Freaky facts about food
The bizarre things you may not know about some common foods
All foods mentioned are considered safe to consume, but these facts may lead you to think before you eat
Rodent hairs and insect parts in Canadian Food
Have you ever found a hair in your bagel? It might belong to a rodent, and according to Health Canada, that may not be a food safety infraction. Health Canada provides guidelines for the general cleanliness of food, outlining how much microbiological or extraneous matter can be present before it is considered a food safety issue. Extraneous matter includes "animal and insect filth such as excreta, hairs, feather barbules, whole or parts of insects."
Under these same guidelines, it is acceptable to find up to 10 insects, defined as "whole or equivalent whole forms of insects (more than half a head including entire frons)" in a 225g serving (about 1.5 cups) of processed raisins or currants. The unacceptable upper limit is 20 insects per 225 g. You will probably never find any insects in your raisins or currants, as these are the testing protocols for determining food safety. But knowing there are permissible levels of rodent hairs or insects in some foods, you may want to inspect them closely before consuming.
Jellybeans are coated with bug excrement
Jellybeans are a tasty treat and come in many flavours, but did you realize their shiny coating is made from bug feces? Shellac, also known as confectioner's glaze, is made from a resin excreted by the female lac beetle, indigenous to India and Thailand. The resin is processed into flakes, dissolved in denatured alcohol to make liquid shellac, and then sprayed on food products or used to make lacquer for hardwood floors and furniture.
Shellac is also sprayed on grocery store apples to make them shiny and keep them fresh in the store. When you pick an apple fresh from the tree and rub it on your shirt, you will produce a nice shine from the natural waxy protection already present in the apple skin. But if you wash that apple first, you won't be able to make it shine as washing it removes the waxy coating. Apples sold in grocery stores must be washed for sanitary reasons and then sprayed with a fine mist of shellac to restore outer skin protection. Without this waxy layer, the washed apples would spoil too quickly.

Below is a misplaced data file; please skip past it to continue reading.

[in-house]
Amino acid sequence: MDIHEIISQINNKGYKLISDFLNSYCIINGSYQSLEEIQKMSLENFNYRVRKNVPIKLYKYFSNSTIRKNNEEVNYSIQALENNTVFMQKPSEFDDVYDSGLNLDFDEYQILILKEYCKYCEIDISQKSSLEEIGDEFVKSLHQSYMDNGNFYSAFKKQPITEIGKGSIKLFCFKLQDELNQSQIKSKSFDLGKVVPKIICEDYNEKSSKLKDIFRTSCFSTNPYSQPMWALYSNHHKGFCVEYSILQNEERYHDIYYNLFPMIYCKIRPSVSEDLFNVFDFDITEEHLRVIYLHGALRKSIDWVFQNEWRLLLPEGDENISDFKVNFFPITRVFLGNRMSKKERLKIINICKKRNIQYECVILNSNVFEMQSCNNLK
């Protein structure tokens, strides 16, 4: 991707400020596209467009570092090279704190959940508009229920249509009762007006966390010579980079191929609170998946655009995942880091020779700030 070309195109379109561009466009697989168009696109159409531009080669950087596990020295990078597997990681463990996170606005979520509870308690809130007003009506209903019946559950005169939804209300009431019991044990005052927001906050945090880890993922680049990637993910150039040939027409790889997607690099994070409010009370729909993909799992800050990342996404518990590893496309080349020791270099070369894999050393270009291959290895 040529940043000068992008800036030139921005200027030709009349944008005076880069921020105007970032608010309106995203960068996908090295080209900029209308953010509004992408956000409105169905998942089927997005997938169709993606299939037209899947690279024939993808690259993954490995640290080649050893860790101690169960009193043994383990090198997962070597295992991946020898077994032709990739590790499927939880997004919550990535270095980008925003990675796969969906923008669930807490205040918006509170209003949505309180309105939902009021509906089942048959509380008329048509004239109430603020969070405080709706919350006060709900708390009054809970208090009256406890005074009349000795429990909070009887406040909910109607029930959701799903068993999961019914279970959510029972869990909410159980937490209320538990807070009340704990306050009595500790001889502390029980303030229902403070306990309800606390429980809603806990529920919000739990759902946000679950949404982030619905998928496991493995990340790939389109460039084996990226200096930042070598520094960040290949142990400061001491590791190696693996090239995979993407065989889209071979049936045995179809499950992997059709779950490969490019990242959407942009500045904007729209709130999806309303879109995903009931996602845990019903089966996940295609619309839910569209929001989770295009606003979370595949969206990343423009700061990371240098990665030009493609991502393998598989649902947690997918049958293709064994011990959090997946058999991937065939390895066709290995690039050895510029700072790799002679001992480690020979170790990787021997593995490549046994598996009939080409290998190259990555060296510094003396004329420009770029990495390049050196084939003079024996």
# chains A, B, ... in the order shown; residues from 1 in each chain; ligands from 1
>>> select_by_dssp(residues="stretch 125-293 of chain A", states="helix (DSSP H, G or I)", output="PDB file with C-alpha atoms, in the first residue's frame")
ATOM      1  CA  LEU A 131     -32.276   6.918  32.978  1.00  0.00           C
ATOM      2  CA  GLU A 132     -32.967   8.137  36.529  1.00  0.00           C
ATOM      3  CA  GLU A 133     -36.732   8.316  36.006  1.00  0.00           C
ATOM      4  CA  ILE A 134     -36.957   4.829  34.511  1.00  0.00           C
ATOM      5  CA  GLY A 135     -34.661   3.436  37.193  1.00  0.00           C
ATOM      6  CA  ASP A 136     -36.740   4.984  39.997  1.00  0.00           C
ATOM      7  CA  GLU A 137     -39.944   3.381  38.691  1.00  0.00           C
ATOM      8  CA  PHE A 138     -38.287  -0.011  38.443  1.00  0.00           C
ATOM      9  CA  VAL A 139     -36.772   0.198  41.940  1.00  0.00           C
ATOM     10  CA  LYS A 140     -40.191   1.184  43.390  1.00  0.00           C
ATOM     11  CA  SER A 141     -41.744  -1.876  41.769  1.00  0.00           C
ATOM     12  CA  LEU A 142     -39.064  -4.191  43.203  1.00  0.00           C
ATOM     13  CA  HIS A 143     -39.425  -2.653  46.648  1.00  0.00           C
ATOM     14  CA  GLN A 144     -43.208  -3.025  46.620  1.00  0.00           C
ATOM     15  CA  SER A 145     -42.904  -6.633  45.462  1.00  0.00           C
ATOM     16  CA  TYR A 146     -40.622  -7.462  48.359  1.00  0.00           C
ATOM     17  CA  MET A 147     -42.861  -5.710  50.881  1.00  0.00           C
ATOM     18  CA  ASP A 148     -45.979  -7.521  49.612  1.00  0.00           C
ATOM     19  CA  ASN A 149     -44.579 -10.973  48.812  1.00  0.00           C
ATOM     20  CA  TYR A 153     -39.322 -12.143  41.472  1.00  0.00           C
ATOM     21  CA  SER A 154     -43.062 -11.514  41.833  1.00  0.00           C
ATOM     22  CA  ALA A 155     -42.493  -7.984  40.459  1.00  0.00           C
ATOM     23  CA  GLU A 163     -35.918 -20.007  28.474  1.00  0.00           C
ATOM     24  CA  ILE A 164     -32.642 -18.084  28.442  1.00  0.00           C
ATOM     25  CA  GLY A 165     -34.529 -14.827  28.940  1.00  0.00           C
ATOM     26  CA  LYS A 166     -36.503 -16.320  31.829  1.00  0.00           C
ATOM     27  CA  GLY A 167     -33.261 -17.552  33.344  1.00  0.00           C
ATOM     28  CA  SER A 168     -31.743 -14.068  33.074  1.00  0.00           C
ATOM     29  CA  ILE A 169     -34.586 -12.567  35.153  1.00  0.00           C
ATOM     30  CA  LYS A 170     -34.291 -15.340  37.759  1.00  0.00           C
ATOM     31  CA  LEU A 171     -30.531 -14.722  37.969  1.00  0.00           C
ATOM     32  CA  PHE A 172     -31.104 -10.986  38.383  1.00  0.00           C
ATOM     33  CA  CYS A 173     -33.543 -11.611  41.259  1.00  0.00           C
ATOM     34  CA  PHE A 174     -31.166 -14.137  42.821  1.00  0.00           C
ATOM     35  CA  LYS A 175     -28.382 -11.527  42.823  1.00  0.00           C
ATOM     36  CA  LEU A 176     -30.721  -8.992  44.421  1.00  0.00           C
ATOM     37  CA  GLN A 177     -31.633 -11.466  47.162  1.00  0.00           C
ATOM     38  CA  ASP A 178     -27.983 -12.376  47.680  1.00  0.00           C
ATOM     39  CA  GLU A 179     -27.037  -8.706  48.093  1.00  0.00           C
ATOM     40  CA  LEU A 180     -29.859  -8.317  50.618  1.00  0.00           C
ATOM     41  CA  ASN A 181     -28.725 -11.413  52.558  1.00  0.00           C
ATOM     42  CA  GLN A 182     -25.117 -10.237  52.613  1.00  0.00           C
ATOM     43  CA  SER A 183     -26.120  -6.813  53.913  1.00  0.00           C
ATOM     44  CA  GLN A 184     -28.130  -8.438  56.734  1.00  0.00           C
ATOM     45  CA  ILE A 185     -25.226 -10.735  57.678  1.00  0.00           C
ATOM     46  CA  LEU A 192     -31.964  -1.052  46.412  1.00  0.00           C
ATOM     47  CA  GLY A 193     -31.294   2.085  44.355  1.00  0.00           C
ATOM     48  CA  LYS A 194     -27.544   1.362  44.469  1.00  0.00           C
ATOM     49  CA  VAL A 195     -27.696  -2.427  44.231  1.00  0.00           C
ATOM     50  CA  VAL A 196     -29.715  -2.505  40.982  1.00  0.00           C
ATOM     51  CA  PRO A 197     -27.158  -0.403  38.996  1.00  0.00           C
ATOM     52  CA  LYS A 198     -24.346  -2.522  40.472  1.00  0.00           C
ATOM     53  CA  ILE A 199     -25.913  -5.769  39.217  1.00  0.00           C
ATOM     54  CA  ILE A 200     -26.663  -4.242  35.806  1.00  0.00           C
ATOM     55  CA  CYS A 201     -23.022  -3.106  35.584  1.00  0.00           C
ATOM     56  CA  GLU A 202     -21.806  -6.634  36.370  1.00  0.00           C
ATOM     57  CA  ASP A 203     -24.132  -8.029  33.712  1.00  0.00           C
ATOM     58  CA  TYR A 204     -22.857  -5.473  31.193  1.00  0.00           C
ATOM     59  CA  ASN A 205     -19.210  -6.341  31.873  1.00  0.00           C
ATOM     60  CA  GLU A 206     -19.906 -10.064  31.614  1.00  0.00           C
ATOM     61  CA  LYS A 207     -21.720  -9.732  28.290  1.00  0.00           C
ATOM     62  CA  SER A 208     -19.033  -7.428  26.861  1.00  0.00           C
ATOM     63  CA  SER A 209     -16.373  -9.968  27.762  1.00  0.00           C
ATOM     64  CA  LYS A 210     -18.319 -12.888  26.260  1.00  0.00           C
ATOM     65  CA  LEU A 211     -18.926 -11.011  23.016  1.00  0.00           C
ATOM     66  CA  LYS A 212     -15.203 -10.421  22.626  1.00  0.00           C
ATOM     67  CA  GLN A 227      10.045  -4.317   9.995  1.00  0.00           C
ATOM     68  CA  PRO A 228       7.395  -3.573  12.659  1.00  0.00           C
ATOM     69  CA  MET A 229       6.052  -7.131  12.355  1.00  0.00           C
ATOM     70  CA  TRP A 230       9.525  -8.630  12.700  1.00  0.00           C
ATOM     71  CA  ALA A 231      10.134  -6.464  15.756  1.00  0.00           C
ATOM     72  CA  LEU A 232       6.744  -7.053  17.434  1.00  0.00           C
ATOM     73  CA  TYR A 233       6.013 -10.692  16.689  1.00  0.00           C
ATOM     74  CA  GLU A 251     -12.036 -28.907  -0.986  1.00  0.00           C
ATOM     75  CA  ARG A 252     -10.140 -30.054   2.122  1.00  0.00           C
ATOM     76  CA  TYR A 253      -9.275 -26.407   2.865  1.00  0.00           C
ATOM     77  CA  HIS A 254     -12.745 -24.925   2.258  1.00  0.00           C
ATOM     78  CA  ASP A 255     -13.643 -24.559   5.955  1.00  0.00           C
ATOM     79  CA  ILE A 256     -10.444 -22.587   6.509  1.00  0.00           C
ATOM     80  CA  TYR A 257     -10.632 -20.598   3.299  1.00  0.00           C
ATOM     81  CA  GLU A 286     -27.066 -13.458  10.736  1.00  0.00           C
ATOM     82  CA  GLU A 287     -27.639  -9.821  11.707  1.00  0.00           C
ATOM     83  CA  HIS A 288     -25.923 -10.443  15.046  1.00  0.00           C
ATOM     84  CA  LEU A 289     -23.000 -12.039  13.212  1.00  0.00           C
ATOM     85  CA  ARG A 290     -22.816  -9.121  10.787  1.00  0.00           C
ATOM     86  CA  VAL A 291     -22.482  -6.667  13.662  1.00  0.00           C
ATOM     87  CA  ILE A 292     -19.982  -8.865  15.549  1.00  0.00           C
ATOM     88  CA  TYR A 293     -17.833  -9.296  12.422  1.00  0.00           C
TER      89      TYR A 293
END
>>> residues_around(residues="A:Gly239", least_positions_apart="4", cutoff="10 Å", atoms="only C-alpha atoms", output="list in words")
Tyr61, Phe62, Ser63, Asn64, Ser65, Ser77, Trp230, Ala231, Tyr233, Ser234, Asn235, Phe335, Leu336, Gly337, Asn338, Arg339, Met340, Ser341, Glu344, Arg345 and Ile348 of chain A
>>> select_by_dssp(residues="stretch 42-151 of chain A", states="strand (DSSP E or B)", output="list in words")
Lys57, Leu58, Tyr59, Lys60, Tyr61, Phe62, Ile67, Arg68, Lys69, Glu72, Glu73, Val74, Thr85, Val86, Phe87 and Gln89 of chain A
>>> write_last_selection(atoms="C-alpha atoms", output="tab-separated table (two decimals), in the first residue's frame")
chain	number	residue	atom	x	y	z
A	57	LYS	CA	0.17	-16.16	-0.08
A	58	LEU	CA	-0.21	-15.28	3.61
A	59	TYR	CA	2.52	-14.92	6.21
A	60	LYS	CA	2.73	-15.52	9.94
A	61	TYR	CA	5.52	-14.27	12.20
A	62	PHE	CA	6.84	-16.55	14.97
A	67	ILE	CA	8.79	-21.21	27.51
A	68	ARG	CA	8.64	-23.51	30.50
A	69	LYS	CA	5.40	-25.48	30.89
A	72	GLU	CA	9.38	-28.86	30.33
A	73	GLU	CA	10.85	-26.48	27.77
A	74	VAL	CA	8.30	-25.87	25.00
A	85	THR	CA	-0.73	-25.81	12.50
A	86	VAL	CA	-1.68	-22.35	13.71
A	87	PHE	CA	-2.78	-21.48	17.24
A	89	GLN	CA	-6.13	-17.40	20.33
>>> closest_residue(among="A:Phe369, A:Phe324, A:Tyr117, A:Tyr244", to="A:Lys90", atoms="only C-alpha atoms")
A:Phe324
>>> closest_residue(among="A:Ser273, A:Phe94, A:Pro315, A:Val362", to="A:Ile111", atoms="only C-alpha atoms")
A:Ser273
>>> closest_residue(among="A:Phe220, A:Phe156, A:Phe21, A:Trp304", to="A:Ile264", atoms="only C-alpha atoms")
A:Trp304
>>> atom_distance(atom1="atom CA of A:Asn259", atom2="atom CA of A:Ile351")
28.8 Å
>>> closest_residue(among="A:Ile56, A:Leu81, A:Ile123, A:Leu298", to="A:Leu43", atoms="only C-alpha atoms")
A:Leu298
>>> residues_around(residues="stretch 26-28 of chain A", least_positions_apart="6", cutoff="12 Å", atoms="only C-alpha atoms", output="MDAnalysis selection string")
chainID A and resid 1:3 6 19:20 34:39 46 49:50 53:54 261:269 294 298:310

Gelatin is made from cattle hides and pork skins
Gelatin is used to make many desserts, such as jelly powders, marshmallows and frozen cakes. Gelatin is made from the collagen of animal skin and bones. Gelatin melts to a liquid state when heated, and solidifies when it cools. You may see gelatin form if you use animal bones to make your own soup stock and cool the broth.
Gelatin is the main ingredient in jelly powder. On its website, Kraft Canada states that the gelatin used in JELL-O is extracted only from cattle hides and pork skins, and only from the hides of healthy animals that have passed strict inspections and are found fit for human consumption. You do not recognize gelatin's taste as an animal product because, as Kraft says, "during the manufacturing of gelatin, chemical changes take place so that the final product, the composition, and the identity of the original material is completely eliminated." If you have chosen to follow a vegetarian or vegan diet, you may prefer to avoid eating products made with gelatin.
Fruit flavoured snacks are made with the same wax found in car wax
Carnauba wax, a key ingredient in car wax that produces a brilliant shine, is also found in gummy bears and fruit flavoured snacks. Carnauba wax comes from the leaves of the carnauba palm tree, native to Brazil. The leaves are beaten to loosen the wax and then the wax is refined, bleached and sold.
While it may also be found in floor polish, shoe polish, or cosmetics, carnauba wax is used to give a glossy shine to many things you put in your mouth, such as chewing gum, candies, gravies and sauces. It is also commonly used on pharmaceuticals as a coating on tablets to aid swallowing.
Bee vomit in honey
If you think honey is made from flower nectar you are only partially correct. An important part of the process is what happens inside the bee. Bees use their digestive systems to process the nectar by swallowing and regurgitating it several times before finally depositing it into the honeycomb for evaporation and storage.
While this sounds gross, it helps remove some of the water and natural yeasts present in the nectar, which could otherwise cause the sugars to ferment. Ripe honey is shelf stable and never spoils. Honey comes in various tastes and colours, depending on the type of flower nectar the bees collected. For example, clover honey is mild tasting and light in colour whereas buckwheat honey is bolder tasting and darker. Honey may also darken or become a bit stronger tasting with age, but will keep indefinitely in a sealed container at room temperature. If older honey crystallizes, simply warm it up until it turns clear.
REF: Besthealthmag Canada